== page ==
Why do we still talk about the dodo?
Originally featured on the Oxford Arts Blog | Author: Matt Pickles
Countless animals have gone extinct over the years but the dodo is one of only a few to be remembered. A special day of events at Oxford University will investigate why this bird has remained so popular.
‘The Oxford dodo: culture at the crossroads’ will be held on 18 November to celebrate the life and legacy of the dodo.
There will be a panel discussion of the dodo’s significance at 17.30 in the Oxford University Museum of Natural History, which is home to the world’s only preserved soft tissue dodo remains.
The panellists are from very different fields and will explore the dodo from a range of perspectives. They include Paul Smith (director, Museum of Natural History), Pietro Corsi (historian of science), Jasper Fforde (children’s author), Paul Jepson (environmental researcher) and Kirsten Shepherd-Barr (literary scholar).
The university has also launched a writing competition, in collaboration with Blackwell’s, for 7 to 14-year-olds, who will bring the dodo back to life through short stories and poetry.
The university has been awarded funding to hold the event as part of Being Human 2015, the UK’s only national festival of the humanities. The event is organised by TORCH (The Oxford Research Centre in the Humanities) and the Museum of Natural History in Oxford and has been made possible by a grant from the festival organisers, the School of Advanced Study, University of London.
Kirsten Shepherd-Barr, Oxford’s Humanities Knowledge Exchange Champion and an English professor, said: ‘The dodo is an icon of extinction, and a powerful symbol of humanity’s impact on the environment. It crosses disciplinary lines, encompassing literature, science, the arts, geography. It haunts our imagination, from Lewis Carroll’s ‘Alice in Wonderland’ to David Quammen’s ‘The Song of the Dodo’ to the Natural History Museum’s very own exhibit on this extraordinary and elusive creative. What did it sound like? How did it really look? Why are we left to reconstruct, from a few bones, this creature that seems so real and touches us so immediately?”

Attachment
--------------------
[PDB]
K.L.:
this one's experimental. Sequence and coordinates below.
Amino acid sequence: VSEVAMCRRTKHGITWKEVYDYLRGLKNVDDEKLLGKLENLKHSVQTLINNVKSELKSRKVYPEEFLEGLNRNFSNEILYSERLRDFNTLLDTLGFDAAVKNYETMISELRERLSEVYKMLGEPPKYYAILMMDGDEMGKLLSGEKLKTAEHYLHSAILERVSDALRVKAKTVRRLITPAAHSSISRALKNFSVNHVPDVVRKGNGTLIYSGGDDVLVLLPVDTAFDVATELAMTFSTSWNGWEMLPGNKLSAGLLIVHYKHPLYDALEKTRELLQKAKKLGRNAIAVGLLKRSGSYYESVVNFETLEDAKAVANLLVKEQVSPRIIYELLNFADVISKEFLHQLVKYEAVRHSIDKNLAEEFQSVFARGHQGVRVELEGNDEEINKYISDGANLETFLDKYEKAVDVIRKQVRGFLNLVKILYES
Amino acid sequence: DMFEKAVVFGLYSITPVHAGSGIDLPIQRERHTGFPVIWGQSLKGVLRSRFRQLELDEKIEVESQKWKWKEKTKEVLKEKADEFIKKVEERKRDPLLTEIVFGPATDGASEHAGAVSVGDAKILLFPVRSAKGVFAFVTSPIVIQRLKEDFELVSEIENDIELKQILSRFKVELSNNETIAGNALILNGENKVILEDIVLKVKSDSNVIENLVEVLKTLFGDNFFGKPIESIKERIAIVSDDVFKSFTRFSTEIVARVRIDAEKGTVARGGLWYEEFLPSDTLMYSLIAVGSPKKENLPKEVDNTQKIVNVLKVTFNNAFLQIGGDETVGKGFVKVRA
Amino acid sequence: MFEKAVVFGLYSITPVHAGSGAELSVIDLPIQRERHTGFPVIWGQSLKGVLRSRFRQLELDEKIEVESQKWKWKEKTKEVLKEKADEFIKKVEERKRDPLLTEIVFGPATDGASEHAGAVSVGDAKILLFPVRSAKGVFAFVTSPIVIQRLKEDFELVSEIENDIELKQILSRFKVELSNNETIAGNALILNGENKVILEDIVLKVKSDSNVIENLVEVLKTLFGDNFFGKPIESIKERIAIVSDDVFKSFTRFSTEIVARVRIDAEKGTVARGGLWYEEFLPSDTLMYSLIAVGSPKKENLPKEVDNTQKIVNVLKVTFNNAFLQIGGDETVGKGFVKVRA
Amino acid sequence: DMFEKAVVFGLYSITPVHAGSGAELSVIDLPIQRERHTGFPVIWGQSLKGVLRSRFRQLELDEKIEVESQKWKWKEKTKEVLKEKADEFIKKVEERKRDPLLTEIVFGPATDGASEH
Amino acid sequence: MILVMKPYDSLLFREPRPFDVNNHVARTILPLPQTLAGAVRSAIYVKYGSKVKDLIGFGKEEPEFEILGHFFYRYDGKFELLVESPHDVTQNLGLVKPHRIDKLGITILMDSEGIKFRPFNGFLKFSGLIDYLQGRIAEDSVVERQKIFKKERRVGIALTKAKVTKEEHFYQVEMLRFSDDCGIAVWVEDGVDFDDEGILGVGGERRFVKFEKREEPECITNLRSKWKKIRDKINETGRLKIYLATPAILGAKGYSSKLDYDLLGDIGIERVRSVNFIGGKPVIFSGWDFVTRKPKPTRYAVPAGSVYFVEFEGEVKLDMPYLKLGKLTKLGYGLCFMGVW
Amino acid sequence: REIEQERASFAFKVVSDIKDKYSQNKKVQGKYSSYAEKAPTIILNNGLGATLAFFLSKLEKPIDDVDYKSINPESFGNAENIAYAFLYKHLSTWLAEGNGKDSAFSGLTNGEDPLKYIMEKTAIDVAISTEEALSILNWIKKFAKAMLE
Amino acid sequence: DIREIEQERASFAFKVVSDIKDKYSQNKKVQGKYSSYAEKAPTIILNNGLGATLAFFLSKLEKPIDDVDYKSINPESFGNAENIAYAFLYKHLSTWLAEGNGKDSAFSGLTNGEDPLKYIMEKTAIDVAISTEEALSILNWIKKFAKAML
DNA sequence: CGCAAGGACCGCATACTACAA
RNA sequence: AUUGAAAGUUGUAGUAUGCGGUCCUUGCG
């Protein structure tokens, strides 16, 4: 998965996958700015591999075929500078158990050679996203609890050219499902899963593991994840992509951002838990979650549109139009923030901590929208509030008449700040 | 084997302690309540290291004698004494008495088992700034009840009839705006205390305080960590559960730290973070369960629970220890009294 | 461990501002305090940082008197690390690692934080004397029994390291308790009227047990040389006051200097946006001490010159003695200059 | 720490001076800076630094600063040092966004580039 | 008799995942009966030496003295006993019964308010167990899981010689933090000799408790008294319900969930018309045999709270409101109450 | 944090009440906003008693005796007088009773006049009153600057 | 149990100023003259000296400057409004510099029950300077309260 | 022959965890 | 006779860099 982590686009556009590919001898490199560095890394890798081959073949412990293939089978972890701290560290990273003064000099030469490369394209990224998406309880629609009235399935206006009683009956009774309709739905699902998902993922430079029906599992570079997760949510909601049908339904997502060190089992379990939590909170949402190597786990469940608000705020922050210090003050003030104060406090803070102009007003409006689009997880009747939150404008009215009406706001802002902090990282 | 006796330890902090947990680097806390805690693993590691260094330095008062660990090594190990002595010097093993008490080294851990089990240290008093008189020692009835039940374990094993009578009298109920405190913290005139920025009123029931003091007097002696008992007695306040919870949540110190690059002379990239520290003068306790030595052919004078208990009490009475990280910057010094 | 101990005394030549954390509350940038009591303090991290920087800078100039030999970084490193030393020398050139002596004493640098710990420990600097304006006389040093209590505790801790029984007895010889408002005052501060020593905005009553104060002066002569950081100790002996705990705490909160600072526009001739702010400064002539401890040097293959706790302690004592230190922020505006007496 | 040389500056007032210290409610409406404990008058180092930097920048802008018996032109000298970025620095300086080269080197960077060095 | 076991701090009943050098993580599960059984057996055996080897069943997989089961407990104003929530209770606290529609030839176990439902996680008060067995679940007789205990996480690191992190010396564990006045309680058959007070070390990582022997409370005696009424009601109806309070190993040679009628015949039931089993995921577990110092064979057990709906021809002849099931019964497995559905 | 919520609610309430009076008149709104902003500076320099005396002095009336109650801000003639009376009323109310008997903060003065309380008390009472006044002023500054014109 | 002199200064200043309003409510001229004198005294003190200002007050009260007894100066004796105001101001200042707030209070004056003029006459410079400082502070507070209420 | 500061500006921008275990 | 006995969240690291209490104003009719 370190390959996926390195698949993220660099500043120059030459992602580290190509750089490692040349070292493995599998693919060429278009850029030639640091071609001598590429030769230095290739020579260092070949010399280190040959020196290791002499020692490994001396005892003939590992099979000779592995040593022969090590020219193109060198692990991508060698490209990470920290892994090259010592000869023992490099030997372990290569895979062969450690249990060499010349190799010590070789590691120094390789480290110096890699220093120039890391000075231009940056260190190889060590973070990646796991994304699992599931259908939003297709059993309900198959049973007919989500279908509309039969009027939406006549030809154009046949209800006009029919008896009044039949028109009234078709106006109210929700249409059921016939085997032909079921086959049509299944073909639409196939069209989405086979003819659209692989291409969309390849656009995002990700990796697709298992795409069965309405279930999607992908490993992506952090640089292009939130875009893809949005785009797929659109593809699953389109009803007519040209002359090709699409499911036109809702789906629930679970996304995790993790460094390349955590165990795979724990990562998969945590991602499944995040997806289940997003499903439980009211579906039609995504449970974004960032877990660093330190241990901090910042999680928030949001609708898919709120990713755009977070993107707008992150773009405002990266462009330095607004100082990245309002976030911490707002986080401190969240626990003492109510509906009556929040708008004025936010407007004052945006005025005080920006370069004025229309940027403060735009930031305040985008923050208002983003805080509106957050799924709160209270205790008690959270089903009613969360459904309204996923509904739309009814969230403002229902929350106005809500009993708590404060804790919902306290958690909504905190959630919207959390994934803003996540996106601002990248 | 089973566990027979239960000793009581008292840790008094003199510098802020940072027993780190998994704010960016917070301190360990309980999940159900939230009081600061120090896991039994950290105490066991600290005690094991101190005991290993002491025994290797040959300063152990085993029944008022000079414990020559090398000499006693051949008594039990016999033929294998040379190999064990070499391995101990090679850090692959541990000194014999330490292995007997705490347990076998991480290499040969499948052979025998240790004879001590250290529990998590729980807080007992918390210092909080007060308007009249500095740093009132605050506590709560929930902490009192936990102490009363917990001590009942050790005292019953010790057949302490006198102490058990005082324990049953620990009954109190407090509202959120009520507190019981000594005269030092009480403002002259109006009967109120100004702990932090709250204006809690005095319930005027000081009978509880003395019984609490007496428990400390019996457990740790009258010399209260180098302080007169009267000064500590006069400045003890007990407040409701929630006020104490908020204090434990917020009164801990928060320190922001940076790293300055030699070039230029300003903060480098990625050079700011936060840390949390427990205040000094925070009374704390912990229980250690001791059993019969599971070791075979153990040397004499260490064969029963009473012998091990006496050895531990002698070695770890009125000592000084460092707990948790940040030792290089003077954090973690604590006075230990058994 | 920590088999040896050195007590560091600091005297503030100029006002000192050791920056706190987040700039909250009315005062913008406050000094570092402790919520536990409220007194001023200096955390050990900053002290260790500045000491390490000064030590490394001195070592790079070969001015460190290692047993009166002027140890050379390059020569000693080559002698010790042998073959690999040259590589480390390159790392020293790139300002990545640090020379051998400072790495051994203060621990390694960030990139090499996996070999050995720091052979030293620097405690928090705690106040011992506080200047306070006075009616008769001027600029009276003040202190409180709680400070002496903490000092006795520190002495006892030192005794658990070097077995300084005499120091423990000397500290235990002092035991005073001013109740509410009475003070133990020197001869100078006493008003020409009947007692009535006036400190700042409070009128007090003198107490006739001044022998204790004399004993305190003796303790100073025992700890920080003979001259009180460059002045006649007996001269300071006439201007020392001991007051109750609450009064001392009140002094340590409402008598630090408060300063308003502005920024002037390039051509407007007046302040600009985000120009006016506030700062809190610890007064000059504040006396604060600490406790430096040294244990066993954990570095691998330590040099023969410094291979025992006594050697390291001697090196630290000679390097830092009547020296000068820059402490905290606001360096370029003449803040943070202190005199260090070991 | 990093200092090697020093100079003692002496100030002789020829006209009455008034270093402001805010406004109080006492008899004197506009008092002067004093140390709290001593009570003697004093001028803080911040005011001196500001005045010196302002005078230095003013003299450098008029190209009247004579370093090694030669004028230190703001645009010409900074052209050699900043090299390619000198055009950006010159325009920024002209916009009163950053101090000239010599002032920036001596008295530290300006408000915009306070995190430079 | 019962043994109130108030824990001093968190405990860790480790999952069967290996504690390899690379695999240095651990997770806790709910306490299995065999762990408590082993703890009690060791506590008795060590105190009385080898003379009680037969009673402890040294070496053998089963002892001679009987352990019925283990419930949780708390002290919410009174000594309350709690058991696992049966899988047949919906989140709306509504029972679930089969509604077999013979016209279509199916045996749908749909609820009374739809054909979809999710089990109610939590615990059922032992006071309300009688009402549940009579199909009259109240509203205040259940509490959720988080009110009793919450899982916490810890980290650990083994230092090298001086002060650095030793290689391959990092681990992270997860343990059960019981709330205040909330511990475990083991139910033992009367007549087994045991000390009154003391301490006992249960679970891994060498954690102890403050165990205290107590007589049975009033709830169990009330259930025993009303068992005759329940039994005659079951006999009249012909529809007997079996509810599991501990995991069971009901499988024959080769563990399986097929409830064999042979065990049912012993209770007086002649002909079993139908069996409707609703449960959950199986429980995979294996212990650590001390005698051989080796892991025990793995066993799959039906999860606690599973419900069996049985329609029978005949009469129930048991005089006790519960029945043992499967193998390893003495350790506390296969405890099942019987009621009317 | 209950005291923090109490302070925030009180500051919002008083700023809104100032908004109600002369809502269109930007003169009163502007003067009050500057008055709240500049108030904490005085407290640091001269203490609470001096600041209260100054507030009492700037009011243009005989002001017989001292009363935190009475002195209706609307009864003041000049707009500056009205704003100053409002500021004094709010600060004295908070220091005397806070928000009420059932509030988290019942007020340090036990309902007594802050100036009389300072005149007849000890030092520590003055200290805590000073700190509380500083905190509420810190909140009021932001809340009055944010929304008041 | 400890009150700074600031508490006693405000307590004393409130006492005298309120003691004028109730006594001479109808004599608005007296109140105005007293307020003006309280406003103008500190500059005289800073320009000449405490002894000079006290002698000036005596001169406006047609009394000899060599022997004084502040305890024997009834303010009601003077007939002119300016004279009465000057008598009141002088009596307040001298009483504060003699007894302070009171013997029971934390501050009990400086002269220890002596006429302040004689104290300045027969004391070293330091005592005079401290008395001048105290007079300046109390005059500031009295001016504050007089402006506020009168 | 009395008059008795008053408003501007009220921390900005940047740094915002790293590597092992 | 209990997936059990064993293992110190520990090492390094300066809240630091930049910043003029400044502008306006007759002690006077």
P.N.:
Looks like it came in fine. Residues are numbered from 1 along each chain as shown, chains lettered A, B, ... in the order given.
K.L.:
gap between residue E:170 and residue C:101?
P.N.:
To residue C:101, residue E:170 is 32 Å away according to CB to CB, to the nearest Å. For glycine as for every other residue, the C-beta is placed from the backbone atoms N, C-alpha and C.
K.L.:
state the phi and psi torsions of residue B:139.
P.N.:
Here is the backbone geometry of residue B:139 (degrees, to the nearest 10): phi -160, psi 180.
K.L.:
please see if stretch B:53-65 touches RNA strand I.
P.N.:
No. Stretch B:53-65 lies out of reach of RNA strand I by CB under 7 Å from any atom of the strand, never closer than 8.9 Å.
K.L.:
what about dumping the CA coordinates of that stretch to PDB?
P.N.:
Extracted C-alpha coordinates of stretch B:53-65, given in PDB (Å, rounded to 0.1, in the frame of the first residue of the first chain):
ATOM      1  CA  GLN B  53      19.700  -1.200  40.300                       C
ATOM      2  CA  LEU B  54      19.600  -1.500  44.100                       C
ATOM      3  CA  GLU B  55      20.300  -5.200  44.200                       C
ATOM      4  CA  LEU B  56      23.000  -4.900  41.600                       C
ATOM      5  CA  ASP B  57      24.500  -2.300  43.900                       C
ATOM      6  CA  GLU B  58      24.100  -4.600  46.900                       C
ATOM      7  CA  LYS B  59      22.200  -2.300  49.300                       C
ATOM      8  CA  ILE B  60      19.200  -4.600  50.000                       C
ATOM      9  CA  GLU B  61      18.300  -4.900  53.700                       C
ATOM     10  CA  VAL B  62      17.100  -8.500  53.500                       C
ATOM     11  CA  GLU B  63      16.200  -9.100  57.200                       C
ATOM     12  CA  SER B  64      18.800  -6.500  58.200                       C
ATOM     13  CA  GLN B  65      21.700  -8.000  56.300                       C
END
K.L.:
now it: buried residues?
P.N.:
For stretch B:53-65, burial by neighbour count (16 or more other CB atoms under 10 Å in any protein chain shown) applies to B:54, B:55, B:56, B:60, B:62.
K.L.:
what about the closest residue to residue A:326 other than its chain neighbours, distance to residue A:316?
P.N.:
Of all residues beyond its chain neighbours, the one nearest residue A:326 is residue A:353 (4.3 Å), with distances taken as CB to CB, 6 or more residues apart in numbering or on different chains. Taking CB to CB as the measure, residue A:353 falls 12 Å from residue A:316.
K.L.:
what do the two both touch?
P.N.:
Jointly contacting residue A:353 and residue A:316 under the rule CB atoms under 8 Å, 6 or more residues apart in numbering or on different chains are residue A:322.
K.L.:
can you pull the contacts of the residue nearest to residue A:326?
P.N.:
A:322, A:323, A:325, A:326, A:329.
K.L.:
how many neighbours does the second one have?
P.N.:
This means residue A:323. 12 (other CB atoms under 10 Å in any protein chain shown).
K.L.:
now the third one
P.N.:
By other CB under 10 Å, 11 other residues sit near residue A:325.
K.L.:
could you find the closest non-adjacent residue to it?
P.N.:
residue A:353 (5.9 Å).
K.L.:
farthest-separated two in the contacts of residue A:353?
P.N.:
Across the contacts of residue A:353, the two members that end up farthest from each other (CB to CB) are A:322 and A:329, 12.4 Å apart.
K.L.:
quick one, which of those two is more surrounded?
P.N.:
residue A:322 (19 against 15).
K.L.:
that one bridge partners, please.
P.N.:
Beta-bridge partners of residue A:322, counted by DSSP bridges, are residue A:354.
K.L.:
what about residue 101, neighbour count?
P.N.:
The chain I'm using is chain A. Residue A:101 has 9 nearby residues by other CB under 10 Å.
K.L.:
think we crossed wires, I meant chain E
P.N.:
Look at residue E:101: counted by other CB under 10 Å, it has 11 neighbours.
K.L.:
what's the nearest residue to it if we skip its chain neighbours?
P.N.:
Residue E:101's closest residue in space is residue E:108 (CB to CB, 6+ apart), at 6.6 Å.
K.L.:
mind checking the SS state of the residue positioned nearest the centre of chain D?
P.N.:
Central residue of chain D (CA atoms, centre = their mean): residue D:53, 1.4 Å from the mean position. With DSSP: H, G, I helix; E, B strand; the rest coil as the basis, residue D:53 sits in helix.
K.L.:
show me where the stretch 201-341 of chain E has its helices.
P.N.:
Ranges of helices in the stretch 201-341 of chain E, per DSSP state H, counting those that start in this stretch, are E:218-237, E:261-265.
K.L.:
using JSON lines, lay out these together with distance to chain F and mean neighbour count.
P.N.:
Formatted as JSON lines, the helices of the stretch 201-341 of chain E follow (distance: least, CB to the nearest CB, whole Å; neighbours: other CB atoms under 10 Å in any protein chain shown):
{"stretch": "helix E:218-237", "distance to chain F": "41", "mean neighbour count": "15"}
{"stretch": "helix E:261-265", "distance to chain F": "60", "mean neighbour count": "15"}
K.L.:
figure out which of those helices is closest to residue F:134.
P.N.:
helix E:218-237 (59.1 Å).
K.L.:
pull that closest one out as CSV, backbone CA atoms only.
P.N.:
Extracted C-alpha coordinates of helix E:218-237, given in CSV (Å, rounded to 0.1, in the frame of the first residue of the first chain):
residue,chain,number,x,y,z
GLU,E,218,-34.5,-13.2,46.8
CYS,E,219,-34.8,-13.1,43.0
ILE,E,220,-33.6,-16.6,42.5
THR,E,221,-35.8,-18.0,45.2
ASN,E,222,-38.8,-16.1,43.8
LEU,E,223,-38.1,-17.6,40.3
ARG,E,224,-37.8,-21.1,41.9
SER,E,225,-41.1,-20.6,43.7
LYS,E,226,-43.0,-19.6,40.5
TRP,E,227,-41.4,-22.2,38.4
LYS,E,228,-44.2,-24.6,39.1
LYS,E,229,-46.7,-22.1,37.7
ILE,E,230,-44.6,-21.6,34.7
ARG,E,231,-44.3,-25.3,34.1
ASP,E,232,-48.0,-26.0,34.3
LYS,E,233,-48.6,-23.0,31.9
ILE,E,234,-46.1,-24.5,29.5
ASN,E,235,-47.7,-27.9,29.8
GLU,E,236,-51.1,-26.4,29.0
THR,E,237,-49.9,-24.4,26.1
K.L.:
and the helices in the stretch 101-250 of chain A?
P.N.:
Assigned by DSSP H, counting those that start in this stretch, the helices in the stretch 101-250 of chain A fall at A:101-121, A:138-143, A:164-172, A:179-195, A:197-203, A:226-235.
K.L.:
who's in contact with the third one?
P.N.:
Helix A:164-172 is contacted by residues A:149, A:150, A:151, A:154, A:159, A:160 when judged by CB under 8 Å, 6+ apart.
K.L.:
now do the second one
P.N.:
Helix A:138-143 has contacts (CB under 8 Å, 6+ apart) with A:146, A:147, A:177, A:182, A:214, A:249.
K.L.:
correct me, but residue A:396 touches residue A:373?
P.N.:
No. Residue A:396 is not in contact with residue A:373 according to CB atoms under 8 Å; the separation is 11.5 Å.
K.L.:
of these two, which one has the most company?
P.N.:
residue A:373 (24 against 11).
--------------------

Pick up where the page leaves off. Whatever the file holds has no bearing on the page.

Paul Smith, director of the Museum of Natural History, said: “Collaborating with Oxford humanities researchers and sharing dodo stories with the public is an excellent way to celebrate the power of museum objects and their ability to cross cultures, in this case the world’s only preserved soft tissue remains of the dodo.”
Stephen Tuck, TORCH director and professor of modern history, University of Oxford said: “The dodo is such a symbolic character for so many fields, and this event is a great opportunity to bring those conversations together – and where better, than at the Museum of Natural History in Oxford?”
The event is free and open to the public, but booking is recommended. A ‘pop-up crèche’ for children up to 12 years old will be provided. Visit the TORCH website for more information and booking.